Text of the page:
Besides arable farming, local people mainly indulge in livestock breeding, rice seed production, the production of animal fodder, etc while few operate animal breeding farms. Strategies laid out by the Ministry of Agriculture, Forestry and Fishery, have intended to aid the transition from the tradition of growing long-term rice varieties to using medium-and short-term varieties and practicing nature-based intensive rice farming.
Battambang Province has 12 fishing lots and commercial fishing exceeded 7,000 tons in 2006 of which 990 tons of rice field fish were caught by local families. The province has 37 fishing communities, each with over 300 members.
In Battambang are mainly two major rainy season and dry seasons. Rainy season starts from June to November and Dry season starts from December to May. The hottest weather comes in the dry season, which temperature rise up to 100 Fahrenheit (38 Celsius) and sometimes decreases to 68 Fahrenheit (20 Celsius).
Battambag is home to some spectacular sceneries, which makes walking, tramping, and sightseeing a must for any visitor. Numerous historic ruins are open to the public, one of which is Wat Ek Phnom which was built in the 11th century during the reign of Soriyavaraman I (1002 – 1050), but now sits within the grounds of a modern pagoda. The temple is surrounded by 18 bodhi trees. The abundance of water in the form of lotus ponds, streams and the like give this place a relaxing feel. The temple and ruins lie 10 kilometers north of the Cobra River, and are at the bottom of a hill, hence only limited exercise is required to reach them.
For a more enduring experience, Phnom Banan is a mountaintop temple built in the Angkor period. The temple is still in relatively good condition, however pillaging and looting was once rife in the area, and the effects of this are noticeable. Nevertheless, this is an excellent sight to see, and any tourists to the area should be sure to check out at least a few of the many temples, as they certainly build a cultural and historical awareness. Other attractions worth a note are the Phnom Sampeou Mountain, the Kamping Puoy Reservoir -an incredible engineering project, Wat Pee-Pahd - an important symbol of Buddhism in Battambang, and the Gold Buddha Hill. As you can see, a tourist will not be lost for things to do in the province.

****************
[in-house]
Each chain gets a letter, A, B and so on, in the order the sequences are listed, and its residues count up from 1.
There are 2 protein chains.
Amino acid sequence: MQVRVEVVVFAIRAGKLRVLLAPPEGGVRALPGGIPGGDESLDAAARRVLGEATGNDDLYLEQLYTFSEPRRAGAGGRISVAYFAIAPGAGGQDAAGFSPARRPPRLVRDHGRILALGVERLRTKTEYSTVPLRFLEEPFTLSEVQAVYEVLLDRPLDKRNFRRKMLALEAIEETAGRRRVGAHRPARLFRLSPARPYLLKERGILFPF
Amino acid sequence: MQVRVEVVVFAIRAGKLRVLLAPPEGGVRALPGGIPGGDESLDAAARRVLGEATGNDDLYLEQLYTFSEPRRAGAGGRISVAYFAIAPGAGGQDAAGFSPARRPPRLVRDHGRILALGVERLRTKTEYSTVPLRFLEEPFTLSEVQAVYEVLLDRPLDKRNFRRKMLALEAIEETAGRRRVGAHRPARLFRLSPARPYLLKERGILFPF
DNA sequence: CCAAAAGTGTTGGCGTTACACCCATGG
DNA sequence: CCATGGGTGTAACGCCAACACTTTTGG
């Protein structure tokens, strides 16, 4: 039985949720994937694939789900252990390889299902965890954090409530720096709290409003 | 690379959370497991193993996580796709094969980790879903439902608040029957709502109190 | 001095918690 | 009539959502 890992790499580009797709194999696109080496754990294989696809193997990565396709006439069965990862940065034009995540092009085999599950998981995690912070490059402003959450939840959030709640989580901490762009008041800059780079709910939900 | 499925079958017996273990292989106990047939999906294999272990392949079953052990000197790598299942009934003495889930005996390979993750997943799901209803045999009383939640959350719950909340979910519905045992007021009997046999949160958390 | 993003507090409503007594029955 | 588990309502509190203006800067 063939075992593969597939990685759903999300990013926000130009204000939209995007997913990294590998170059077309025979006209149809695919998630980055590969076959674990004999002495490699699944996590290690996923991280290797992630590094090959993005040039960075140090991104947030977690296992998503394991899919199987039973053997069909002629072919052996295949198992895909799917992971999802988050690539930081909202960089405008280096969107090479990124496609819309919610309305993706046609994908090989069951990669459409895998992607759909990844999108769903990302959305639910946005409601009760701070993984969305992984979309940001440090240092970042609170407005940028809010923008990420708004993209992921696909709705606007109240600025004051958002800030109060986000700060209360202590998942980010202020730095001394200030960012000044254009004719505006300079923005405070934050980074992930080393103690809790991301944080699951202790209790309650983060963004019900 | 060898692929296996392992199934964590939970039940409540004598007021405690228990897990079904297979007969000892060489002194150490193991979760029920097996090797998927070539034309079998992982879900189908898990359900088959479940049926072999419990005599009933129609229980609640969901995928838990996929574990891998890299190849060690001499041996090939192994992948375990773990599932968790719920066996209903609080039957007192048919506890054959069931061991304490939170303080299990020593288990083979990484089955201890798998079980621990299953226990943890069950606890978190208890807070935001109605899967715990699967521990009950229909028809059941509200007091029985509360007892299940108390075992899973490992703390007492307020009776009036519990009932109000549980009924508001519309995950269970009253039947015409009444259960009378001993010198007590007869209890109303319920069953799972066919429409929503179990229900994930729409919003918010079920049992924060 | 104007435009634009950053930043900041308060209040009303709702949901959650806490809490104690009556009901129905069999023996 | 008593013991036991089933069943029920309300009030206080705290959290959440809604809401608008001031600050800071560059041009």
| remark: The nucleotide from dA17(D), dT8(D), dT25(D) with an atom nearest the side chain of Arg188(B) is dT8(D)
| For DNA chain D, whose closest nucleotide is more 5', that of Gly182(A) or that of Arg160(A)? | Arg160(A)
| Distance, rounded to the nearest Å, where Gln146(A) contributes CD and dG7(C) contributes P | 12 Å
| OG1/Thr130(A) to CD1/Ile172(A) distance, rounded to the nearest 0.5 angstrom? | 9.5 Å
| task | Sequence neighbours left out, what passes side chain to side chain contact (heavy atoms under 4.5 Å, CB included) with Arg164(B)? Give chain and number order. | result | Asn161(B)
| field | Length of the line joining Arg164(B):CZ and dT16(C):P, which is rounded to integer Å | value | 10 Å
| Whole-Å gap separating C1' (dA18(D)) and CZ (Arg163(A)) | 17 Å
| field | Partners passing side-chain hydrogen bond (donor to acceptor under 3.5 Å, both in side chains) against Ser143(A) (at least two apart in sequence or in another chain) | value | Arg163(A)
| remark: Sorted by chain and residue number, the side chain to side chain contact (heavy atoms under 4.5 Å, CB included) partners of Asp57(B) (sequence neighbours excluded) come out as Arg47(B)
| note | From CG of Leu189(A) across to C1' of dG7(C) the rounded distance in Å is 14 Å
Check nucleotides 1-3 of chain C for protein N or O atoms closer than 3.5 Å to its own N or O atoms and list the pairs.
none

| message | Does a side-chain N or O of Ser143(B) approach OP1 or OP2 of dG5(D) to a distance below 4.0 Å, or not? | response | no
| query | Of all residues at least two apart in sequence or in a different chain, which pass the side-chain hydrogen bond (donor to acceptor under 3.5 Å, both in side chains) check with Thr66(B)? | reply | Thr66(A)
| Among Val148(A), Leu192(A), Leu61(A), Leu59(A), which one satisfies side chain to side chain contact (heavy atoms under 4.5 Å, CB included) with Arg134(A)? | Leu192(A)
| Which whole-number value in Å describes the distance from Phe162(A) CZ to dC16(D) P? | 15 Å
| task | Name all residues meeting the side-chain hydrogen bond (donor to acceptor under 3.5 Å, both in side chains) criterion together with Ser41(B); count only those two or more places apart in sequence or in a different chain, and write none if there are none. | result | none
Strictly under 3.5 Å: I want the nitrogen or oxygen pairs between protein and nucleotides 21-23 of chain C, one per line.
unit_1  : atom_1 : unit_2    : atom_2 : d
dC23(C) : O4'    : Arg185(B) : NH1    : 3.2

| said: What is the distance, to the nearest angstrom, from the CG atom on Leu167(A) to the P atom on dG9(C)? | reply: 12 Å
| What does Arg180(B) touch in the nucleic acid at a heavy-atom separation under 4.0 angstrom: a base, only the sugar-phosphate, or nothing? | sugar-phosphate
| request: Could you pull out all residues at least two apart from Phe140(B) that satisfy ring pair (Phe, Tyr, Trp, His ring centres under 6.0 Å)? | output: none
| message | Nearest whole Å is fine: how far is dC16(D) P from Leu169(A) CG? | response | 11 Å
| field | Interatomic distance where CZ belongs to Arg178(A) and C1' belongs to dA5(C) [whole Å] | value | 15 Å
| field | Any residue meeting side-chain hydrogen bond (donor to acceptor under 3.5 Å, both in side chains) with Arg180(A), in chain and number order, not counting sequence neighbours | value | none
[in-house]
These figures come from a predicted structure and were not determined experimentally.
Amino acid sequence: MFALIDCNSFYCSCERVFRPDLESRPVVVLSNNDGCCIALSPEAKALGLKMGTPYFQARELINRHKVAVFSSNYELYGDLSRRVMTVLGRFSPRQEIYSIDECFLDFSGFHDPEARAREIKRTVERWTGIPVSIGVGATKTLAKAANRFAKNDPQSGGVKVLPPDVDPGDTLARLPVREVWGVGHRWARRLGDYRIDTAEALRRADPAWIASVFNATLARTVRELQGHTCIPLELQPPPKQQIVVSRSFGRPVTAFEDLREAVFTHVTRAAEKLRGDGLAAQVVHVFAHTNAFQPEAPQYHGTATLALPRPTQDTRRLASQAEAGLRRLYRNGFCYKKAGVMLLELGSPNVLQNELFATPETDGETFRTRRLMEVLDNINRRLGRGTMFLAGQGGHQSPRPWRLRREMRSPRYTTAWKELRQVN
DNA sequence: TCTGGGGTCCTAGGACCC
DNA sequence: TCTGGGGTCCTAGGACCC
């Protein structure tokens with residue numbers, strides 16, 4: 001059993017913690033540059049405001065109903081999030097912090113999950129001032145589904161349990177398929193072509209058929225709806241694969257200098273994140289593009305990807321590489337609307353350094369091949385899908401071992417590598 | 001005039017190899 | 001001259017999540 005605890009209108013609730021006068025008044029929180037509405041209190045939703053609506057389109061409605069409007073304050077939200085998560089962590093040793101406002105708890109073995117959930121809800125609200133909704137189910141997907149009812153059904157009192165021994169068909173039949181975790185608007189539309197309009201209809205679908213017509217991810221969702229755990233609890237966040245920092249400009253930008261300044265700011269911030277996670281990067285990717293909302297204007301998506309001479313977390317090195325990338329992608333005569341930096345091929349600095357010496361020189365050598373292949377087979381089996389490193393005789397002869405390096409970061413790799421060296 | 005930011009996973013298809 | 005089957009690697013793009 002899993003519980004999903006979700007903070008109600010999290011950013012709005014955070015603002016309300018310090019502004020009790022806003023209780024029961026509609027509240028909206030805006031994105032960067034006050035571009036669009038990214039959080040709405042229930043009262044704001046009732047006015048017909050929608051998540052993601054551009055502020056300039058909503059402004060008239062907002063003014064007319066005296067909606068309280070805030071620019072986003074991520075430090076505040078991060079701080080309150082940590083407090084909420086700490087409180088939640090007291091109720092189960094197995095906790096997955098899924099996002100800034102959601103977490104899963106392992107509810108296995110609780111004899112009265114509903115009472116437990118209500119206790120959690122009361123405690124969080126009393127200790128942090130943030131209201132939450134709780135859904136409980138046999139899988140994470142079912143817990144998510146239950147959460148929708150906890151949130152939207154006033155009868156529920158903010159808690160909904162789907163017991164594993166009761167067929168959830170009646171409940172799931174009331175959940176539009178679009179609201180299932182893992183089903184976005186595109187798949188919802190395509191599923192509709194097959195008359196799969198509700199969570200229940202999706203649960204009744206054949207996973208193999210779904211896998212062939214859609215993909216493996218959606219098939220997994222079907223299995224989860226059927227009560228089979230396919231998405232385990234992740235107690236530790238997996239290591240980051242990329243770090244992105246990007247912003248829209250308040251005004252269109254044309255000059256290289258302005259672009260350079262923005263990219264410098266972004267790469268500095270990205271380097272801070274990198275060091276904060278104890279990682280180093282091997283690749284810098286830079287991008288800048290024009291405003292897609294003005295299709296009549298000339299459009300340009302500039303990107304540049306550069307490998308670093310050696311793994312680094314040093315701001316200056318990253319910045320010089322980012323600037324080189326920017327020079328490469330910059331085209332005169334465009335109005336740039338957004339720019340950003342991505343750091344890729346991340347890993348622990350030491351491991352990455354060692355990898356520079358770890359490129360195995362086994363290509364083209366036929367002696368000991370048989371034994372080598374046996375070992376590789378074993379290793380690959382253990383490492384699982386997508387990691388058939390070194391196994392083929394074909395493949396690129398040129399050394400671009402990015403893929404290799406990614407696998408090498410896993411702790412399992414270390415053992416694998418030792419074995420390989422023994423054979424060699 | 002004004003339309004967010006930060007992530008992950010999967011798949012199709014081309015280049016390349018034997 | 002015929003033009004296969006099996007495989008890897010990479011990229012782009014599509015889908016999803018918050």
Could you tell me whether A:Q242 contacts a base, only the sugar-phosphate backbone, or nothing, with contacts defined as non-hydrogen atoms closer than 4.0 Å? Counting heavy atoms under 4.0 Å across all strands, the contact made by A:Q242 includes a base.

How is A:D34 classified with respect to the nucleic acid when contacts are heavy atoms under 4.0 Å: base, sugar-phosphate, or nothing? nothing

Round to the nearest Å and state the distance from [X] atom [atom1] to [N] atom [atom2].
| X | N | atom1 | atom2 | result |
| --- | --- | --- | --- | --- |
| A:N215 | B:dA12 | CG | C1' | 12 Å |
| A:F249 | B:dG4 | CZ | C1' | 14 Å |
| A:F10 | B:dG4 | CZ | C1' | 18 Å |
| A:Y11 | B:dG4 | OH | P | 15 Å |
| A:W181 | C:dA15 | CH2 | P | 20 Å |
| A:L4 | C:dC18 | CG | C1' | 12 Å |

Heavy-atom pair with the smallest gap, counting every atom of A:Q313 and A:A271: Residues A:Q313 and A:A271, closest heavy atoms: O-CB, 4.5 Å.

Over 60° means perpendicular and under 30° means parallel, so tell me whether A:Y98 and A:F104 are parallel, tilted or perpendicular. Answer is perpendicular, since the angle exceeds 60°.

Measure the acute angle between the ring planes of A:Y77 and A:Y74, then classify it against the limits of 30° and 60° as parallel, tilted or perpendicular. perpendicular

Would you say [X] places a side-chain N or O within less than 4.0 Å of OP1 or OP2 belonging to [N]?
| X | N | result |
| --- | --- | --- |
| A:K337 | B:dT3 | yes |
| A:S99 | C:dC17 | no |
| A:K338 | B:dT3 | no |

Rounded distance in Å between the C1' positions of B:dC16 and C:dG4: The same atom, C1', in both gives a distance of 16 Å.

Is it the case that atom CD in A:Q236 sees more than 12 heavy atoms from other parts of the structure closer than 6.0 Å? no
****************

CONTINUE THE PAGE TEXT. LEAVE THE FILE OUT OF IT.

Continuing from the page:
“Nories”, the Cambodian word for bamboo trains, are one of the “must sees” of Battambang, if only for their novelty value. Formed by two sets of railway wheels, a bamboo mat, and a generator, these are an impromptu way of travelling up and down the railway line in lieu of the real train. When the real train shows up, all the nories disappear. They are also a great way to see rural Cambodia well of the road network. When two nories meet coming in opposite directions, the one with the lighter load is dismantled and removed from the track, allowing the other to pass. Powered by a small motor, they can carry motorbikes making a nori ride easy to combine with a motodop (motorcycle taxi) trip.
The area is known locally and internationally as the “Rice Bowl” of Cambodia. This is because the economy of Battambang is extremely efficient in the production of rice, and additionally because of the comparative advantage and local endowments in the region. An estimated 2,400 square kilometers of land is used in rice production, with the figure growing consistently each year. The abundance of land results in over 500,000 tonnes of rice being produced annually; around 300,000 tonnes of that rice is traded locally and internationally.